20 hi-fi icons that turn the volume up beyond 11

B&W Matrix 800 speakers (Early 1990s, US$18,000/pr)

Think iconic speakers from British company B&W and the obvious choice is the Nautilus, looking like a giant snail auditioning for a part in Aliens 6. But the company has a history of mad speakers, and the Matrix 800, with its triangular bass enclosures top and bottom of the midrange and treble sections, certainly fits the bill. Mainly sold in the States – then, as now, the Worthing company exported most of its production – the speakers look impressive in the picture. Then you realise they were as tall as very lanky blokes, at 1.86m (or 6ft 3in) – and weighed a substantial 240lb a pop. 

Here's some slightly odd video from DJKnight of the Matrix 800s in action  – and yes, they do occasionally come up for sale second-hand.

EAR Yoshino V12 amplifier (Current, £7000+)

If you didn’t know that designer Tim de Paravicini was a car nut – many a hi-fi industry bod will tell you stories of being terrified by his driving – then this £7000+ valve amplifier lets the cat out of the bag. Literally so: the design is inspired by de Paravicini’s love for the Jaguar V12 engine, and so for this clean-sheet amplifier design he went for two banks of six valves to provide the 50W per channel. They’re indirectly heated EL84/6BQ5s, valve-spotters, and used in Balanced Bridge Mode, in case you were wondering. No 0-100kph data is available.

Here’s a lovingly captured Japanese demonstration of the V12 in action.

Transrotor Tourbillon FMD turntable (Current, €25,000+)

Complete with ‘Smashy and Nicey’ power switch – that’s it down at the bottom of the picture, this is one of the high-end models in the extensive range made by German specialists Transrotor. And yes, we did swerve the fact that one of the company’s best-known models is called the Fat Bob, and is available in S, Plus (Fatter Bob?) and Reference versions.

The Tourbillon could be yours from €25,000 – without the arm(s) – and uses Transrotor’s Free Magnetic Drive bearing, on which that massive platter floats. Even better, it’s not even top of the company’s range, as this video shows.

Quad ESL57 speakers (Late 1950s, £50 each)

OK, so it’s a speaker design that’s well over 50 years old, and although well over 50,000 were sold many have been lost along the way as fashions changed.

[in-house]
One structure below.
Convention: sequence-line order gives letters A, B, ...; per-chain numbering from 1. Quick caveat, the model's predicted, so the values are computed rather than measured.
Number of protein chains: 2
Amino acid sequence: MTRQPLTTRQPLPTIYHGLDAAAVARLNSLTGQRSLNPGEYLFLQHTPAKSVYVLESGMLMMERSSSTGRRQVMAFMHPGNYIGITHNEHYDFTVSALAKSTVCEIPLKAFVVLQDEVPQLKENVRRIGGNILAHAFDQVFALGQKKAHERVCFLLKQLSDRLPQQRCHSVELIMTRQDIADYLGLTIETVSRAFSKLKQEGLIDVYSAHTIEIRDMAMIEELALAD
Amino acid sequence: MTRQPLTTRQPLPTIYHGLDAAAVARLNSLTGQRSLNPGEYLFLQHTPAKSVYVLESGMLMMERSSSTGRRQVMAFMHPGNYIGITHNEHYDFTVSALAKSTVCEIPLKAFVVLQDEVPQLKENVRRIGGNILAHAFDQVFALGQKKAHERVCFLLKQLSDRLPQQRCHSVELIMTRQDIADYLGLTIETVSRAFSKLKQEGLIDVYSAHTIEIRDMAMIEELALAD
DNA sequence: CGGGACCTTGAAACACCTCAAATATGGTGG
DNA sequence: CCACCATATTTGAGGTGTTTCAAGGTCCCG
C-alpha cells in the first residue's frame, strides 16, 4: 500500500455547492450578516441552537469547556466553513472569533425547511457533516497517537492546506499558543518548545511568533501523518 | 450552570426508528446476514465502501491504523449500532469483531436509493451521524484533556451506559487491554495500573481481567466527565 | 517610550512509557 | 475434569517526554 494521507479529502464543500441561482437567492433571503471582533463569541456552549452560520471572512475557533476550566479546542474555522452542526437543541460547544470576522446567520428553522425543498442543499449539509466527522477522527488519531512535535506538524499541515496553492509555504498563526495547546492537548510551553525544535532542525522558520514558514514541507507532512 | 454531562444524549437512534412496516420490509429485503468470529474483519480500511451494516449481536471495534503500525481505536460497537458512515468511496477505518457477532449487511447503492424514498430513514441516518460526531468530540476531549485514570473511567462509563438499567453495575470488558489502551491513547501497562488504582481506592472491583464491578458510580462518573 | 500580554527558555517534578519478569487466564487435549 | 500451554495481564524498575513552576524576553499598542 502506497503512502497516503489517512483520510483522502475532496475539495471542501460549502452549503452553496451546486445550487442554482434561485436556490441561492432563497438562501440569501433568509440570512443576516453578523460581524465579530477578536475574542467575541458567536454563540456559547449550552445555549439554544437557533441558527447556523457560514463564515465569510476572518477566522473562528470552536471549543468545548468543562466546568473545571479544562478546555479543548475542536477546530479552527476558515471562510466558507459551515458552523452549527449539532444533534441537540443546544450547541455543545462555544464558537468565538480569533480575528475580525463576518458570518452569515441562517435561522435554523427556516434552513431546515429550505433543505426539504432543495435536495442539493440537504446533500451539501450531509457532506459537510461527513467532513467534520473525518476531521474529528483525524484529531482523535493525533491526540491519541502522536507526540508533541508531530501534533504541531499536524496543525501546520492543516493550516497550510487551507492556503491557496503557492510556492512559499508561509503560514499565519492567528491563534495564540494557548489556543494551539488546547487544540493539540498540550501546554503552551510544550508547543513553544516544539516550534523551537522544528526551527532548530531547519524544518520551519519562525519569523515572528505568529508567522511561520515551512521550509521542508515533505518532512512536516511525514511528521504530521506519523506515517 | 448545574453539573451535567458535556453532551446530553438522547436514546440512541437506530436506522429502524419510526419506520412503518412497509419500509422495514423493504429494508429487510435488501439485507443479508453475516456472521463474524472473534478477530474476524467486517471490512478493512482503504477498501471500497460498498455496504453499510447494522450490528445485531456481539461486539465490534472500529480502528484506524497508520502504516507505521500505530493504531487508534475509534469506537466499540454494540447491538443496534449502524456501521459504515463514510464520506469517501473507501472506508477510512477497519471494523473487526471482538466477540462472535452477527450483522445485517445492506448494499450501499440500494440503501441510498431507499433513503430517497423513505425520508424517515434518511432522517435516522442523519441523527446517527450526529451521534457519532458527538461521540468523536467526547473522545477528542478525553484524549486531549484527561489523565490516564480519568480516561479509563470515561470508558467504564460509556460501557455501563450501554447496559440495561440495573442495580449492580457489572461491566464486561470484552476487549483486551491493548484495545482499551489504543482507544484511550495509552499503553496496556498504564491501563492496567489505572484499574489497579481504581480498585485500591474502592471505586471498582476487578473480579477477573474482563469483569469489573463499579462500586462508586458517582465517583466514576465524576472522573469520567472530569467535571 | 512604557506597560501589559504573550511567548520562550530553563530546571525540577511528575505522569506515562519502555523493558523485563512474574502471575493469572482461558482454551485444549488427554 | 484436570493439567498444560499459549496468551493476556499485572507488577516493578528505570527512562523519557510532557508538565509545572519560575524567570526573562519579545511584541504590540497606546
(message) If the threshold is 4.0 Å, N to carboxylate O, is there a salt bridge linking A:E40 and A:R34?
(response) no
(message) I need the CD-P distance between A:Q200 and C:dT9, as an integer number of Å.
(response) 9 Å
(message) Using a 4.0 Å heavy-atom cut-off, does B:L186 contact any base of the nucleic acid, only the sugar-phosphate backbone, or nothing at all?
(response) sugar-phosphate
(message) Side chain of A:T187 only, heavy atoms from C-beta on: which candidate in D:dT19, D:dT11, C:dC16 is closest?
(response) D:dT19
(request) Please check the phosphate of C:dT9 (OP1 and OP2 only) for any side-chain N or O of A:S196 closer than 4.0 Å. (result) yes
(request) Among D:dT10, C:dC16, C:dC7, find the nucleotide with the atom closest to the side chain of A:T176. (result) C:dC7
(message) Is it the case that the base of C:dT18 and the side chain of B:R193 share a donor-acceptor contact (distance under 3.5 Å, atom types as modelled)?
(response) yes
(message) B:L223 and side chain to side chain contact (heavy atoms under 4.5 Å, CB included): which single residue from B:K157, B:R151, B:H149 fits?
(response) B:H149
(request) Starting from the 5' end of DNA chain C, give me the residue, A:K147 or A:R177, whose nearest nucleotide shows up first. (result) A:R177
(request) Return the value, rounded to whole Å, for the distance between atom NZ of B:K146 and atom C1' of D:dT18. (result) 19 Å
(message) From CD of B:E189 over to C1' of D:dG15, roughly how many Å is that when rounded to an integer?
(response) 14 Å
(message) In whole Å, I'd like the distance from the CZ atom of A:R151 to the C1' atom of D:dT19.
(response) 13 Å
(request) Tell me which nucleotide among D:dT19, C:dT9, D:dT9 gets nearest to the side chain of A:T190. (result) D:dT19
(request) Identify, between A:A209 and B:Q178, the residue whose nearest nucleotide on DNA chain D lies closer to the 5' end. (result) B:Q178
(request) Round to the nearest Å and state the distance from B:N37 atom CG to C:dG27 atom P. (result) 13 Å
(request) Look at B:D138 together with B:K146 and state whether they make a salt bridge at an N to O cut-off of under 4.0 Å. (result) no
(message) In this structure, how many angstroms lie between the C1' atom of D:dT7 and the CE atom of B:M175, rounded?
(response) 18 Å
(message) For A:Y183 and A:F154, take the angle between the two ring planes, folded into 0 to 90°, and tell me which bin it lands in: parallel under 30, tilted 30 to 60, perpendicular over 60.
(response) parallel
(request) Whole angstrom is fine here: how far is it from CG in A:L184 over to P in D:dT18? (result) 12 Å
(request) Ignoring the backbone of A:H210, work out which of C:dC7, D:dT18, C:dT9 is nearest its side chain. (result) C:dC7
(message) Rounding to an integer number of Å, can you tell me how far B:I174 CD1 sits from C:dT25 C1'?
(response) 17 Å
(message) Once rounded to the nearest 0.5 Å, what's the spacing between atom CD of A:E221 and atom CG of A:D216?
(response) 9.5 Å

They look like copper-coloured radiators, they have limited bass and volume, and yet Quad’s original Electrostatic Loudspeaker is still prized by audio collectors, and there’s a thriving restoration industry.

Over the years, and notwithstanding the lethal voltages within, they’ve been modified, ‘upgraded’ and even stacked in pairs to get more volume out of them, but while a pair of the current Quad ESLs, the ESL-2912, will set you back £8000, there are still originals for sale, as this video shows.

Michaelson Audio Chronos pre/power amplifier (1990s, £10,000)

Produced by a sister company to Musical Fidelity, the Michaelson Audio Chronos took its name from company company founder Anthony Michaelson, and its styling – described by one review as ‘Montezuma meets Gaudi’ from influences as diverse as the Hoover Dam and the Art Deco buldings around the company’s factory in Wembley. Well, Art Deco until they flattened the old Wembley Stadium, anyway.

Valve-powered, massively powerful and delivered in four boxes – preamplifier, power supply and two mono power amps – the Chronos was originally planned to look even wilder: the original sketches had chromed 1920s-style winged women on the front as handles!

CEC TL0-X CD transport (Mid-2000s, £12,000)

So a CD player costs – what, a couple of hundred quid? Not so in high-end Japanese audio land, where this amazing piece of machinery, with its ‘first colony on the moon’ looks, would have set you back £12,000 almost a decade ago.

It draws on classic record-player design, with a belt linking its motor and the spinning disc platter. Because apparently ‘micro-vibrations scatter light and reduce the integrity of the digital data stream.’ The player uses a stabliiser weighing 450g (or 1lb in old money), plus DRTS suspension – which stands for Double Rubbers and Triple Springs. Well, we guess you can never be too careful.

McIntosh MC275 amplifier (2012, US$6500)

The looks of McIntosh equipment – all black and chrome and blue-lit analogue meters – has remained unchanged throughout most of the New York company’s 50-plus-year history. It’s what makes a McIntosh a McIntosh, and a US high-end icon.

So what did the company do to mark its anniversary? Not one of its classic-looking products, but a special edition of its bare-bones MC275 vale amplifier, first seen in 1961. The circuit was the same, but some niceties like remote power control and up to date ‘toobs’ – as they’d say at the factory – were added. Oh, and it’s good for 75W per channel, which isn’t bad for a valve amplifier.

JBL Paragon speaker system (1957, US$1800)